U.S. consumer prices inched down by 0.1 percent in December, due to a sharp decline in gasoline futures, the U.S. Bureau of Labor Statistics said on Friday, reporting the first drop in consumer prices in nine months.
The Consumer Price Index (CPI) declined by 0.1 percent in December on a seasonally adjusted basis after being unchanged in November, the U.S. Bureau of Labor Statistics said.
The drop in the all items index was the result of a sharp fall in the gasoline index which plunged by 7.5 percent last month, more than offsetting increases in several indexes including shelter, food, and other energy components.
The energy index declined by 3.5 percent in December, after a 2.2-percent drop in the previous month. The gasoline index, for its part, plunged in December following a 4.2-percent drop in November, the Bureau of Labor Statistics said.
Gasoline prices started to drop shortly after oil prices began to collapse at the end of last year, when both the U.S. and international benchmarks, WTI Crude and Brent Crude, respectively, plunged by 40 percent between October and December.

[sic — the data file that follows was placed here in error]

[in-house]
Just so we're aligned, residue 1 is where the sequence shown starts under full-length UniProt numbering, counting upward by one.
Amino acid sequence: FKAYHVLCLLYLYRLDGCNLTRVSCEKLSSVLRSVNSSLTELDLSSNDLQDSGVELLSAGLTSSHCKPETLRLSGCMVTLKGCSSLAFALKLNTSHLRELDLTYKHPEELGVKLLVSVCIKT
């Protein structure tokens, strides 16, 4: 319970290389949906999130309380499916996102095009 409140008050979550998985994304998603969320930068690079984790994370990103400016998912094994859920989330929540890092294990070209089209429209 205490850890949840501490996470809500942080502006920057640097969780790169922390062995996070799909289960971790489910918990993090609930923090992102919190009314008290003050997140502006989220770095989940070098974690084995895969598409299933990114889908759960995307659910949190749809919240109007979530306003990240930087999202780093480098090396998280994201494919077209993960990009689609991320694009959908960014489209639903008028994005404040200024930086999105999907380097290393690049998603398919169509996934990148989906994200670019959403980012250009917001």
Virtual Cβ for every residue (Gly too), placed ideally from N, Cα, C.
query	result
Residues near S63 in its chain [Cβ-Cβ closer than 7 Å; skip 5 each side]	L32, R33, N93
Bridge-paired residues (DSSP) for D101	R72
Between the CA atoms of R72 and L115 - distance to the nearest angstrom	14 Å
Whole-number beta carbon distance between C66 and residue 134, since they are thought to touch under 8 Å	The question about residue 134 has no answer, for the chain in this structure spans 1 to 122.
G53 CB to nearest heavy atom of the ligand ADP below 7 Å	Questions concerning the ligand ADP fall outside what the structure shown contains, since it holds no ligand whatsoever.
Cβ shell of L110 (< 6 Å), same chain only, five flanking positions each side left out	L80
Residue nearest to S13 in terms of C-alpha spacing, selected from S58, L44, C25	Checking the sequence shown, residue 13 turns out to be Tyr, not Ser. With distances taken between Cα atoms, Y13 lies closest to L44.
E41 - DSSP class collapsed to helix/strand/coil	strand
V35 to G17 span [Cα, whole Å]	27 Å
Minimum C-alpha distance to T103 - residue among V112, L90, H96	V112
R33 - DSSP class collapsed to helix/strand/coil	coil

Over the past 12 months, the energy index dropped by 0.3 percent for the first 12-month decline in the energy index since the period ending September 2016, according to the Bureau of Labor Statistics. Over the past year, the gasoline index fell by 2.1 percent, more than offsetting increases in the other component indexes. In 2018, the gasoline index fell 2.1 percent after rising in 2016 and 2017, more than offsetting increases in other energy component indexes.
The drop in international crude oil prices resulted in the cheapest New Year national gas price average in three years, according to AAA.
As of January 7, the national gas price average was US$2.24 and had declined for 12 consecutive weeks, AAA said earlier this week. The national average was three cents cheaper on the week, 20 cents cheaper than last month and 25 cents cheaper year-over-year.
By Tsvetana Paraskova for Oilprice.com
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